How did this enormous industry grow out of this least showy of authors, a provincial lady so modest about her work (according to her nephew James Edward Austen-Leigh, who produced the first full-length Austen biography) that she wrote in secret and would hide away the slips of paper when she heard anyone approaching? Harman begins her book by demolishing that vision of the author as a pure canard. There is ample evidence that “Jane Austen never exhibited self-consciousness or shame about her writing and never needed to. Unlike many women writers of her generation—or stories about them—she had no struggle for permission to write, no lack of access to books, paper, and ink, no frowning paterfamilias to face down or from whom to conceal her scribbling. Her ease and pleasure in writing as an occupation are evident from the very beginning, as is the full encouragement of her family.” Quite a few of her family members were published authors, including two of her brothers. All the siblings wrote, and they read each other’s work with interest. Their proud father actually acted as his daughter’s agent, sending around her early manuscripts to London publishers. Jane Austen considered herself a professional and was eager to earn money from her work.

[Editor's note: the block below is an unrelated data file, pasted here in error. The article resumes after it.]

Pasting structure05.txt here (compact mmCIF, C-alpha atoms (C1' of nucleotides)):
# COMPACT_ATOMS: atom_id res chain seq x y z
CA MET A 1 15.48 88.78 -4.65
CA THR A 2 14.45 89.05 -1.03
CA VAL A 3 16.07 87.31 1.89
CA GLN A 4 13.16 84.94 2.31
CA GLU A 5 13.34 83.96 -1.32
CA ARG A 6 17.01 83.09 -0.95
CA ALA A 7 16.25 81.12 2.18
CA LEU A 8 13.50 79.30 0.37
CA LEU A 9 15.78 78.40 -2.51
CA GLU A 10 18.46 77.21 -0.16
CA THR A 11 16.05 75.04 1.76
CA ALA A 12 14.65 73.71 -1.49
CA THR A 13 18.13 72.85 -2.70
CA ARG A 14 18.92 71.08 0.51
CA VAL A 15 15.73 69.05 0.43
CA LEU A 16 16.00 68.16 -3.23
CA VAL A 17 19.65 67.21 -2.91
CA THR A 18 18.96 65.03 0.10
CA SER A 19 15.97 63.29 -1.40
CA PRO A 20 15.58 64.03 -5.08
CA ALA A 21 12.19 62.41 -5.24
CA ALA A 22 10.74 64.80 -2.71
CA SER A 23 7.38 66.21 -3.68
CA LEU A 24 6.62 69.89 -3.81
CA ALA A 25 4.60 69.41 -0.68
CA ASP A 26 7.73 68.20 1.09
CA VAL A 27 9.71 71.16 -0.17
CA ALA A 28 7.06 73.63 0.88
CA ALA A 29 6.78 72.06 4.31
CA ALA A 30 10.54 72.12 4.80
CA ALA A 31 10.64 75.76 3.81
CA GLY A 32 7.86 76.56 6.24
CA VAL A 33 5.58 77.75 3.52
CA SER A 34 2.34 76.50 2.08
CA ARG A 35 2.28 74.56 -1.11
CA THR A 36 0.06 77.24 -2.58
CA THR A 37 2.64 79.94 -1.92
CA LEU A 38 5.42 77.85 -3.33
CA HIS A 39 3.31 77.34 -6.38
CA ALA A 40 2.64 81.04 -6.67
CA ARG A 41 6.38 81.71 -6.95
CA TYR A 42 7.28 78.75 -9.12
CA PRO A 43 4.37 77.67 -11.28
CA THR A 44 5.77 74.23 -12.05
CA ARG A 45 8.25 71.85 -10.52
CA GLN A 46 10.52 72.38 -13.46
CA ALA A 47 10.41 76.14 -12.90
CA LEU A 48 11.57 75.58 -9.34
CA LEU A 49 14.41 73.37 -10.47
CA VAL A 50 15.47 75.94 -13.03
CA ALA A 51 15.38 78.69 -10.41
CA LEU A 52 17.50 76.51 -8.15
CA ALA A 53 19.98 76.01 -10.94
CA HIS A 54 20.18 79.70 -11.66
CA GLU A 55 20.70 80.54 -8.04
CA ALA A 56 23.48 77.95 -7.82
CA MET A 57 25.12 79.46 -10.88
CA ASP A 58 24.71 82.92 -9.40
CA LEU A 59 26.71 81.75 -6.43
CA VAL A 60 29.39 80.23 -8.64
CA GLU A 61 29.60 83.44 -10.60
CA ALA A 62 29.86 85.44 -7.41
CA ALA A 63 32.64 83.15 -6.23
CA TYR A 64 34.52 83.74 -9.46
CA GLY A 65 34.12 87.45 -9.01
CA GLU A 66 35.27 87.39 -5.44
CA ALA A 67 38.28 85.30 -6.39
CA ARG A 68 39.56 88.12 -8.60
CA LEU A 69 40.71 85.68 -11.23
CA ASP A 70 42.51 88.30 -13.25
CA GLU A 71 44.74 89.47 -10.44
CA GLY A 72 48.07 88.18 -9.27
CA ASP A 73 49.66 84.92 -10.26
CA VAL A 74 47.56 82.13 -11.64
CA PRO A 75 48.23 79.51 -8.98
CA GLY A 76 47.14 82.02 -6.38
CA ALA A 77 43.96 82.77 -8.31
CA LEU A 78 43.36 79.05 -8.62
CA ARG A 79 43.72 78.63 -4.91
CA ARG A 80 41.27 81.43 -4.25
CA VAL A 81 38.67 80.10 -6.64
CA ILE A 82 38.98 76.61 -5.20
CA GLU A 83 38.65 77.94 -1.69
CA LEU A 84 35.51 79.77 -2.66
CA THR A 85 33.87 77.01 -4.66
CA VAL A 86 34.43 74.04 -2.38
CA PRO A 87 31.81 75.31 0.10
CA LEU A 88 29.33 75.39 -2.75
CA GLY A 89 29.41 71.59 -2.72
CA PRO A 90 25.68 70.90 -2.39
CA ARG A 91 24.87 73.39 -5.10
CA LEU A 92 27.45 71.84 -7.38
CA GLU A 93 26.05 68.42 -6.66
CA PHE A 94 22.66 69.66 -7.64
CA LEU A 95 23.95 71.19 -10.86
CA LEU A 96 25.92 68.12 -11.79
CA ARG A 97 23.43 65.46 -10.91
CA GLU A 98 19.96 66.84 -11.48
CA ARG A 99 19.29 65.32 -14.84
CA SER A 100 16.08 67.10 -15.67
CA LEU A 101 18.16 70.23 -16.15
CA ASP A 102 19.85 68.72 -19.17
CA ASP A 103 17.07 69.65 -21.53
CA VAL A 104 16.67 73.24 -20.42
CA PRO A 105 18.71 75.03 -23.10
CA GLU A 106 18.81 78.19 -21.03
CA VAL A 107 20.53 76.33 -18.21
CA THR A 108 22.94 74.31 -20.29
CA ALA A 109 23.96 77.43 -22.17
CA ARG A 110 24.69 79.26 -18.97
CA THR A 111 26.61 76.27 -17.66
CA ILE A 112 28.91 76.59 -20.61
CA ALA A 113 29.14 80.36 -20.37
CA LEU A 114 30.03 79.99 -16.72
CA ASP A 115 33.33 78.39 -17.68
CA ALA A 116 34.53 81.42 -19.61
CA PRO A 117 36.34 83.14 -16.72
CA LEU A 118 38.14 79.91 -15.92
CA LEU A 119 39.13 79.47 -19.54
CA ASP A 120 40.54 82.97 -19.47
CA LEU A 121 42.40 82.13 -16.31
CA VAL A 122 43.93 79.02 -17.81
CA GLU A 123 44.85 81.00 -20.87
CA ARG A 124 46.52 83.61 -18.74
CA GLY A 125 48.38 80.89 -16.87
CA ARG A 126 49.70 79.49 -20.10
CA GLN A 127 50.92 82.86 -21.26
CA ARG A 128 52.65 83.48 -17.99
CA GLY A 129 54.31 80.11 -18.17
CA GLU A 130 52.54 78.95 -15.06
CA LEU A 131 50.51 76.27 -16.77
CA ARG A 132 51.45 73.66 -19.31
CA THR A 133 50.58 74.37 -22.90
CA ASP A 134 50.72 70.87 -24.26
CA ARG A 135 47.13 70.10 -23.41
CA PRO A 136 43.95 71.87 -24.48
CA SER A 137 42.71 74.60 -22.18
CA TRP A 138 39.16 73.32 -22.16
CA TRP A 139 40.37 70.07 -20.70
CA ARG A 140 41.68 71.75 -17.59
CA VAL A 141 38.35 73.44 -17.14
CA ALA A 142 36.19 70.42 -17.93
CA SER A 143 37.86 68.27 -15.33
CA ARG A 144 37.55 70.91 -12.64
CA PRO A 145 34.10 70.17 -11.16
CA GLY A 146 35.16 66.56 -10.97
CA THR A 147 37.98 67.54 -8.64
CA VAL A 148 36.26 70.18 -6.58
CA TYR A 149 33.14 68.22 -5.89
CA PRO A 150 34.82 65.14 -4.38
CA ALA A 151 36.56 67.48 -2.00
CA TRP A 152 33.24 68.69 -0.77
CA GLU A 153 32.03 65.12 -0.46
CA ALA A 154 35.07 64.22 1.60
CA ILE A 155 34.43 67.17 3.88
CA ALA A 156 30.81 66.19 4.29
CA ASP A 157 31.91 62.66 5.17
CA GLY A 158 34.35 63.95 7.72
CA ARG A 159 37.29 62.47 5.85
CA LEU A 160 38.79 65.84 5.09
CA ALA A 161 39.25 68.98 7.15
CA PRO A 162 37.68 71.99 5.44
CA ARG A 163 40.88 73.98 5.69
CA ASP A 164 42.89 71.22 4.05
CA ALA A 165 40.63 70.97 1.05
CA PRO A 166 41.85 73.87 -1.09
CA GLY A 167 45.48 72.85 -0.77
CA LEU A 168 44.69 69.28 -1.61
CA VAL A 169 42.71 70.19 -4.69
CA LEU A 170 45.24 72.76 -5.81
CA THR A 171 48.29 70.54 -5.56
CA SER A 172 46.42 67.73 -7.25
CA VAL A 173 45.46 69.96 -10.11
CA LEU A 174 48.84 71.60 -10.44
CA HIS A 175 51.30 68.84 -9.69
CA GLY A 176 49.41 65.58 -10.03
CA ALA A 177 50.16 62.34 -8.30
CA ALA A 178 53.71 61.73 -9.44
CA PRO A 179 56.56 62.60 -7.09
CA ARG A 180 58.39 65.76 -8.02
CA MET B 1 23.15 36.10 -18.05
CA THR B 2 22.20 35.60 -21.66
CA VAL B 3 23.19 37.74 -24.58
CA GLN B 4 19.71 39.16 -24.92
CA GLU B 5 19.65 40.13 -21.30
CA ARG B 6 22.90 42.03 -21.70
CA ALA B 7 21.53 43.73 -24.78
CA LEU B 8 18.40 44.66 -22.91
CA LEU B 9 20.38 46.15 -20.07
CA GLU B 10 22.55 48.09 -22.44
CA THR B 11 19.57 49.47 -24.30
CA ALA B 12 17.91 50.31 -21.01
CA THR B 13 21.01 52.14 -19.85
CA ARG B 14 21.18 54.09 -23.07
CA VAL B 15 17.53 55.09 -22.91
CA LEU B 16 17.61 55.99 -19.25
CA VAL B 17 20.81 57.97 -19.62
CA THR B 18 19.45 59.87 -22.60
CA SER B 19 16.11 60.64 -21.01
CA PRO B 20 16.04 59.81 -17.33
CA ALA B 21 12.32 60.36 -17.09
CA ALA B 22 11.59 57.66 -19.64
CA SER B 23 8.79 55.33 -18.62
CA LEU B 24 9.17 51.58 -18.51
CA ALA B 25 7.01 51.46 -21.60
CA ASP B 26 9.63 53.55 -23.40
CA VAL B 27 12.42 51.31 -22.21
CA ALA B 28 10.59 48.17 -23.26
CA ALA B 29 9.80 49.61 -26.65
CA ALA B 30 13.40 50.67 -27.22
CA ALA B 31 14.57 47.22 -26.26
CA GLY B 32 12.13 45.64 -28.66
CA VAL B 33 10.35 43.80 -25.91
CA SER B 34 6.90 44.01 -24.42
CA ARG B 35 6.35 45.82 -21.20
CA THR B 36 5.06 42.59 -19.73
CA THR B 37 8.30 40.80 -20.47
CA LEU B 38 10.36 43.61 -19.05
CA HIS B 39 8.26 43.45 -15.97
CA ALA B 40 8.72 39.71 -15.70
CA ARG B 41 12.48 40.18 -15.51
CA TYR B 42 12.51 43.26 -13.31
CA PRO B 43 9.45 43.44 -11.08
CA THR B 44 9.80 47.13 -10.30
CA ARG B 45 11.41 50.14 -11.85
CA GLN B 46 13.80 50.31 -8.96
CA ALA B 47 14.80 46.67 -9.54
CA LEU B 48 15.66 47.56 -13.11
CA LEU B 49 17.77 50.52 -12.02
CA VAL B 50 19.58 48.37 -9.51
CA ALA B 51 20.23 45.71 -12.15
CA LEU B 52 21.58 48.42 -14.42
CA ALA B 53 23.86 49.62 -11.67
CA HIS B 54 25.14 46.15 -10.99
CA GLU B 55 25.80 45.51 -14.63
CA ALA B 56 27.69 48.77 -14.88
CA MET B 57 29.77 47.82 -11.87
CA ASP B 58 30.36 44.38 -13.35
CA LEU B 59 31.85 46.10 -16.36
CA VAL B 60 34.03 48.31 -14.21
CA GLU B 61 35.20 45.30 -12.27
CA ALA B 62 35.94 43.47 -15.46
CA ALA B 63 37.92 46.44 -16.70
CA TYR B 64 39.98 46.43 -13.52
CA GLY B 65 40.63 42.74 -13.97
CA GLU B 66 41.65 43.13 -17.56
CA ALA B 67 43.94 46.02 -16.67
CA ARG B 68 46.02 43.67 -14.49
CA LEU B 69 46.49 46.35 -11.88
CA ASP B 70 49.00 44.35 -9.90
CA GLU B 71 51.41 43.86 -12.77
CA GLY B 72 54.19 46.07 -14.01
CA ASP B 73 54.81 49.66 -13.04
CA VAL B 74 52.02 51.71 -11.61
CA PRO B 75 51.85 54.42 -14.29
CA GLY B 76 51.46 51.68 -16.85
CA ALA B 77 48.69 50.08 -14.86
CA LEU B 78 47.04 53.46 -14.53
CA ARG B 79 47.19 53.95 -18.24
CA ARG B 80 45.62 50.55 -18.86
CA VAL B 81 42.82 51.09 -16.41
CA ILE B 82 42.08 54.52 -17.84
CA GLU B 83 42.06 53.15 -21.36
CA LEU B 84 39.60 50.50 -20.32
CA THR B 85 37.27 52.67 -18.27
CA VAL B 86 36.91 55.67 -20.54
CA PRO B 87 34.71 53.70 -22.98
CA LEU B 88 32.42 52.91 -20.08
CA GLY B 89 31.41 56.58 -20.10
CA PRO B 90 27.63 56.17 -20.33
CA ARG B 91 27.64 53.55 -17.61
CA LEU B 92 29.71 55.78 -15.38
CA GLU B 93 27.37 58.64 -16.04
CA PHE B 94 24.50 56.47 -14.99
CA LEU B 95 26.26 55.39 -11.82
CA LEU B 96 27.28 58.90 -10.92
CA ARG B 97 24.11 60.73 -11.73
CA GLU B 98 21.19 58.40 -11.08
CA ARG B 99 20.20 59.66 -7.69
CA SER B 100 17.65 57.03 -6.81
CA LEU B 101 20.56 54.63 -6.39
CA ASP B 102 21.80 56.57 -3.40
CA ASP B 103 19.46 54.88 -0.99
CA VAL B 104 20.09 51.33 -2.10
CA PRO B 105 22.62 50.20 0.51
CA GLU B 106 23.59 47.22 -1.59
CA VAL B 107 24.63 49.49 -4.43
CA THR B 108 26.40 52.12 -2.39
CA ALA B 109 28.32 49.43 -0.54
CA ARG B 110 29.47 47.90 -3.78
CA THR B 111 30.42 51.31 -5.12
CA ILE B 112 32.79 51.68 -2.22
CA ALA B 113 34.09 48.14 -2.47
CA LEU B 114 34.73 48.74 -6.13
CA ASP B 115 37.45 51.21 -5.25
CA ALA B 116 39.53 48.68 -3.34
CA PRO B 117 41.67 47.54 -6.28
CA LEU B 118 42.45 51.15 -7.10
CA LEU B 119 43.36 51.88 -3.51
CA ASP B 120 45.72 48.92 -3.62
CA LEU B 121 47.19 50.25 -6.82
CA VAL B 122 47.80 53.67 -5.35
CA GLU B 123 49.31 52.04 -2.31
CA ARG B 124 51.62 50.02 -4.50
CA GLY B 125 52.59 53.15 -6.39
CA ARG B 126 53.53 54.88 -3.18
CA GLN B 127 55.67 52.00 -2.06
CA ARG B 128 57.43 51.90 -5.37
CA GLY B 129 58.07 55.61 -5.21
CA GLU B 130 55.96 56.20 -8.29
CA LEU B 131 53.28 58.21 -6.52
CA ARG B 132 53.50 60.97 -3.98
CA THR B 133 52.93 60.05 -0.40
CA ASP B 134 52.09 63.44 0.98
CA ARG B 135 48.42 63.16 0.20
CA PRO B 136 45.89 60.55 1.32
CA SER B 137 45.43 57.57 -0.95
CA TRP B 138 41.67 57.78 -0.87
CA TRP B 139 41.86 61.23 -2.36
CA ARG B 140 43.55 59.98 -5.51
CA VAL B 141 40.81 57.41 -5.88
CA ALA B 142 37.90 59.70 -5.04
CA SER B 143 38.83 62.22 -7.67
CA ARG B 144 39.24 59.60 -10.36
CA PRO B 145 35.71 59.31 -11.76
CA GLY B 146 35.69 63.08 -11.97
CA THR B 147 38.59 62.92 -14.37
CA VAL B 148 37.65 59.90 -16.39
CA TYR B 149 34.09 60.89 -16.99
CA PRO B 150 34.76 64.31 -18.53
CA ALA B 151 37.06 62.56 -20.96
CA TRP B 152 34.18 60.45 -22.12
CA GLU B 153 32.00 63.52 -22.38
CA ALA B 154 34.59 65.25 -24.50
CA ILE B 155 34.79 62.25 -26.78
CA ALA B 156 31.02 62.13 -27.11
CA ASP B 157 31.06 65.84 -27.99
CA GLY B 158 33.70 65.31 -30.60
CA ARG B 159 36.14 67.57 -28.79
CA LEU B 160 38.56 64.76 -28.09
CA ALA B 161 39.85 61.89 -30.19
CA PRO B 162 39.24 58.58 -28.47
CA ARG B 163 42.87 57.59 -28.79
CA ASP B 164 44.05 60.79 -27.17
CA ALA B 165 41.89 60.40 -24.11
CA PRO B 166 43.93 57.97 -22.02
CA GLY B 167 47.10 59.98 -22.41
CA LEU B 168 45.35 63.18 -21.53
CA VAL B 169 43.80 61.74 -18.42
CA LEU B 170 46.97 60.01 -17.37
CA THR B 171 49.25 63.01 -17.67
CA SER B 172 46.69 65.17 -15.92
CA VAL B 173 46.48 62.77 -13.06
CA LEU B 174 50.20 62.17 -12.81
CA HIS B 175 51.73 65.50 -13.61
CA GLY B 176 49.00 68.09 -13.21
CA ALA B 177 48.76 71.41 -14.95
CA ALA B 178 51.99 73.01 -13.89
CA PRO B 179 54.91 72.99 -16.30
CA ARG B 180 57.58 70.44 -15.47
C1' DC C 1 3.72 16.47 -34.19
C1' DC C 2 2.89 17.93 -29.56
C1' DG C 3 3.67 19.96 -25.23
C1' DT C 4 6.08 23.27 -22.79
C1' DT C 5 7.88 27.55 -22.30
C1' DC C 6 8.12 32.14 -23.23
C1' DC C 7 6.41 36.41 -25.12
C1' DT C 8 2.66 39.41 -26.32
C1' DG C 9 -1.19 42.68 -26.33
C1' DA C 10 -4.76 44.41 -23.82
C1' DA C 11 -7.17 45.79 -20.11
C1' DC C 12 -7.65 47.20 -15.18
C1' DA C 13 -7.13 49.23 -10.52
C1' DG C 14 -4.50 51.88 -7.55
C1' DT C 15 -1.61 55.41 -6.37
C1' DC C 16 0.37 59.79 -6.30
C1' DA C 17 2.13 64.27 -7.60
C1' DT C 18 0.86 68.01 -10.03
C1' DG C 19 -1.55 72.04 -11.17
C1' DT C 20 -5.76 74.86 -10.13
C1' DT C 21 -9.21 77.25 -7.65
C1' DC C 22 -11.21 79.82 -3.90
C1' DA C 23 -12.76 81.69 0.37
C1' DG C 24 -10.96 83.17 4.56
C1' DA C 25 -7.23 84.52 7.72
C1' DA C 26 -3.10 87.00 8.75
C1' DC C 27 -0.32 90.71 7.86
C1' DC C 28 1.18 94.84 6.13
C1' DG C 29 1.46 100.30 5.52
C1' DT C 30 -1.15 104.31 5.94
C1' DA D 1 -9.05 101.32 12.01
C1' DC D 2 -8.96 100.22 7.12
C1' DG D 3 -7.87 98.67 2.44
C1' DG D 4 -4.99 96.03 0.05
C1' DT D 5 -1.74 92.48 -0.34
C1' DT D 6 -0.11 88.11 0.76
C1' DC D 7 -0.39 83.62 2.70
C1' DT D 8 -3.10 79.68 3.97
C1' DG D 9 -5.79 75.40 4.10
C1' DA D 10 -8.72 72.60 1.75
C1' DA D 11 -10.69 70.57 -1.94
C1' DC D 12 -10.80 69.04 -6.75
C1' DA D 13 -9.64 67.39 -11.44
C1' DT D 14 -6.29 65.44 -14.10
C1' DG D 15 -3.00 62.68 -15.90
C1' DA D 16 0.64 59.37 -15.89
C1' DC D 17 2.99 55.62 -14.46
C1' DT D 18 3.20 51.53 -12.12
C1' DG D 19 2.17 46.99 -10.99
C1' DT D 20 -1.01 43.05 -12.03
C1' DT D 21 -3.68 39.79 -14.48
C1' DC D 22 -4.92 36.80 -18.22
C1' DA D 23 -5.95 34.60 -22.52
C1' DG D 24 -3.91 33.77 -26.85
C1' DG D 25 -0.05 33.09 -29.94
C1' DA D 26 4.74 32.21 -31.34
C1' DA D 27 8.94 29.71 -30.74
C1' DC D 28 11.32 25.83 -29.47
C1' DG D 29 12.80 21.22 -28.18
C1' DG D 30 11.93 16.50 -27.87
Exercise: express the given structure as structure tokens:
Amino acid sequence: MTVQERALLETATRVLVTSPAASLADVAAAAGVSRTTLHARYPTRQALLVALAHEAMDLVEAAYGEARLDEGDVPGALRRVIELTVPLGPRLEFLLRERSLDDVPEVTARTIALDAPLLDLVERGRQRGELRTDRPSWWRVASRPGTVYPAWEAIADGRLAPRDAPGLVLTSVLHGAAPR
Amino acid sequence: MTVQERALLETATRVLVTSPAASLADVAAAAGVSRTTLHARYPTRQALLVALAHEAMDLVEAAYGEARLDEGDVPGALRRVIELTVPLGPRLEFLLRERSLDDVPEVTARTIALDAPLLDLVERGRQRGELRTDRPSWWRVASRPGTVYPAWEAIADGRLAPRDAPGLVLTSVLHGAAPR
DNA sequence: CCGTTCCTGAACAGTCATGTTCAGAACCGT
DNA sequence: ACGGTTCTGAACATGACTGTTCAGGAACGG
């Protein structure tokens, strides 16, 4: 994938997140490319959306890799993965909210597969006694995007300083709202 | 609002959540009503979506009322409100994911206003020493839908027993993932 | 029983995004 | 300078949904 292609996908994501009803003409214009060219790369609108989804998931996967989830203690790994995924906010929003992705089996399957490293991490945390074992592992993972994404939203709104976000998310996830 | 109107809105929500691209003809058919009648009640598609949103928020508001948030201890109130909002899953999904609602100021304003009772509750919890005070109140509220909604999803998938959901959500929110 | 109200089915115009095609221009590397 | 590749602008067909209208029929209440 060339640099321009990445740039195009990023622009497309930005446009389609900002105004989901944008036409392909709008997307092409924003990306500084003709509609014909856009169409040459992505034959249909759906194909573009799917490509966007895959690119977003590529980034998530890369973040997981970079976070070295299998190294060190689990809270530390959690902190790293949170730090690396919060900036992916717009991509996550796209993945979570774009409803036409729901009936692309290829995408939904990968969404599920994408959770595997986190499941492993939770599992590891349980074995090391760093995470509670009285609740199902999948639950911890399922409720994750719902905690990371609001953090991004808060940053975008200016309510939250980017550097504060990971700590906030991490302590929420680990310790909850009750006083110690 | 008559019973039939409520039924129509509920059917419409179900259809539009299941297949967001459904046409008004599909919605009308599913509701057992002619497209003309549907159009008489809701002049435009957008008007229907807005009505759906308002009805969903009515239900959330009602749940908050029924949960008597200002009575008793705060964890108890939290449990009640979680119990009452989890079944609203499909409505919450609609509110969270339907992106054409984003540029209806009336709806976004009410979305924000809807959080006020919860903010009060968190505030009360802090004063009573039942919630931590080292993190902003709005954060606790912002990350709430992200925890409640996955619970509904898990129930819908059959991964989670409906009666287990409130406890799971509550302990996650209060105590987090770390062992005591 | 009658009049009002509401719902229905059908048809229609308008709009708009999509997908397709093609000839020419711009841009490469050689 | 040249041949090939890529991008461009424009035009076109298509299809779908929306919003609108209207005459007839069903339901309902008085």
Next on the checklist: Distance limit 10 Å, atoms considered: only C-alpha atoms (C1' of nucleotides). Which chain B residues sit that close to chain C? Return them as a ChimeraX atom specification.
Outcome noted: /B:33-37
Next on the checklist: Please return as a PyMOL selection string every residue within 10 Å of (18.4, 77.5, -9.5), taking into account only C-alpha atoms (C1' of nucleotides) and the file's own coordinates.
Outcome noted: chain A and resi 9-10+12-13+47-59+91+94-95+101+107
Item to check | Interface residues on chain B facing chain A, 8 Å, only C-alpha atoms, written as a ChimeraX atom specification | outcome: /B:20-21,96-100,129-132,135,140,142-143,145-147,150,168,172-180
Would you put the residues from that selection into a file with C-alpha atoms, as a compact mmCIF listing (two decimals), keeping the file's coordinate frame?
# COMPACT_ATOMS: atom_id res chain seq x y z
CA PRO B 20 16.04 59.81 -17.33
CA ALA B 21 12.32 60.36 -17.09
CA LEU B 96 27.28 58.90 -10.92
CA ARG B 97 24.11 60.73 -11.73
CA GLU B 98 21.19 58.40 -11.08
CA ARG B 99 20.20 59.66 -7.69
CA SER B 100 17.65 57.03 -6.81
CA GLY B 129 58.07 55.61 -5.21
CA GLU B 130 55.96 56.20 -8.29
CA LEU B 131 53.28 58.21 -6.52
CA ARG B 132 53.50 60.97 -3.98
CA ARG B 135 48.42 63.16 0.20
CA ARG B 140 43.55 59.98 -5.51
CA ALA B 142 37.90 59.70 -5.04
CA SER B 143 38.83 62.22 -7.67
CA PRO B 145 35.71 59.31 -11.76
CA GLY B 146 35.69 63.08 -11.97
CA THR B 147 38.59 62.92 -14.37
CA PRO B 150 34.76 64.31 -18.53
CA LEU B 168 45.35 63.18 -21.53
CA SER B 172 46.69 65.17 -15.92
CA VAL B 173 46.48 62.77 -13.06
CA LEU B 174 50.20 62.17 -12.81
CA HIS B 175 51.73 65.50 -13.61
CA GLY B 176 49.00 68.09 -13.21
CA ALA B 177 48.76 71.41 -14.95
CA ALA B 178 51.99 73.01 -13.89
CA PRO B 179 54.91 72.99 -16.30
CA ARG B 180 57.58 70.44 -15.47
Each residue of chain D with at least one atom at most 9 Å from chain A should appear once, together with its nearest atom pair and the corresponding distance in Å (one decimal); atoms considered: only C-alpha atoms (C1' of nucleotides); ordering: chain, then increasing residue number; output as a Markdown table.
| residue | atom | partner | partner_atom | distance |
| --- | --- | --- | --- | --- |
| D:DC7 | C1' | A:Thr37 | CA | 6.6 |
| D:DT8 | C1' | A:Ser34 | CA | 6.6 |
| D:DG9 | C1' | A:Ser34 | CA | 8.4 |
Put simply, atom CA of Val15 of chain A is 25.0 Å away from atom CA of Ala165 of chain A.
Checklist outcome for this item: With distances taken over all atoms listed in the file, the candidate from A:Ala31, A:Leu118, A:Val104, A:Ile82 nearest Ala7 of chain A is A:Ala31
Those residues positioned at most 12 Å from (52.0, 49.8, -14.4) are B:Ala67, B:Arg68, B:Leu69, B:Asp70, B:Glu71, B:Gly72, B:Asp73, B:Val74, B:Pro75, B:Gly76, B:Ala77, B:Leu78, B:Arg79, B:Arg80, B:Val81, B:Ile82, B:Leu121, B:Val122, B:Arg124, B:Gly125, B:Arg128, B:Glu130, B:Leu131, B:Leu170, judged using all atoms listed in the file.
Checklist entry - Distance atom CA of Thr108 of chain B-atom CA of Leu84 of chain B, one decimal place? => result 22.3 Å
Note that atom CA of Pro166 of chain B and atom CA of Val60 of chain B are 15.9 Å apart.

She achieved considerable renown during her own lifetime and attracted a collection of fans that included Richard Brinsley Sheridan, Sir Walter Scott, and the disreputable Prince Regent, who let the author know that he would be pleased to have a novel dedicated to him. (She obliged—she could hardly have done otherwise, much as she disapproved of the man—with Emma.) She also earned a total of more than £700, not a bad sum for a supposedly retiring lady author of that period. But by the 1820s, only a few years after her death, Austen’s books had gone “out of print, out of demand, and almost out of mind.” In 1832 the publisher Richard Bentley purchased her copyrights, and over the next few decades the books appeared in a trickle, a few hundred copies a year. They “were not essential reading for the high Victorians and certainly were not ‘beloved.’ She had become a half-forgotten niche writer.”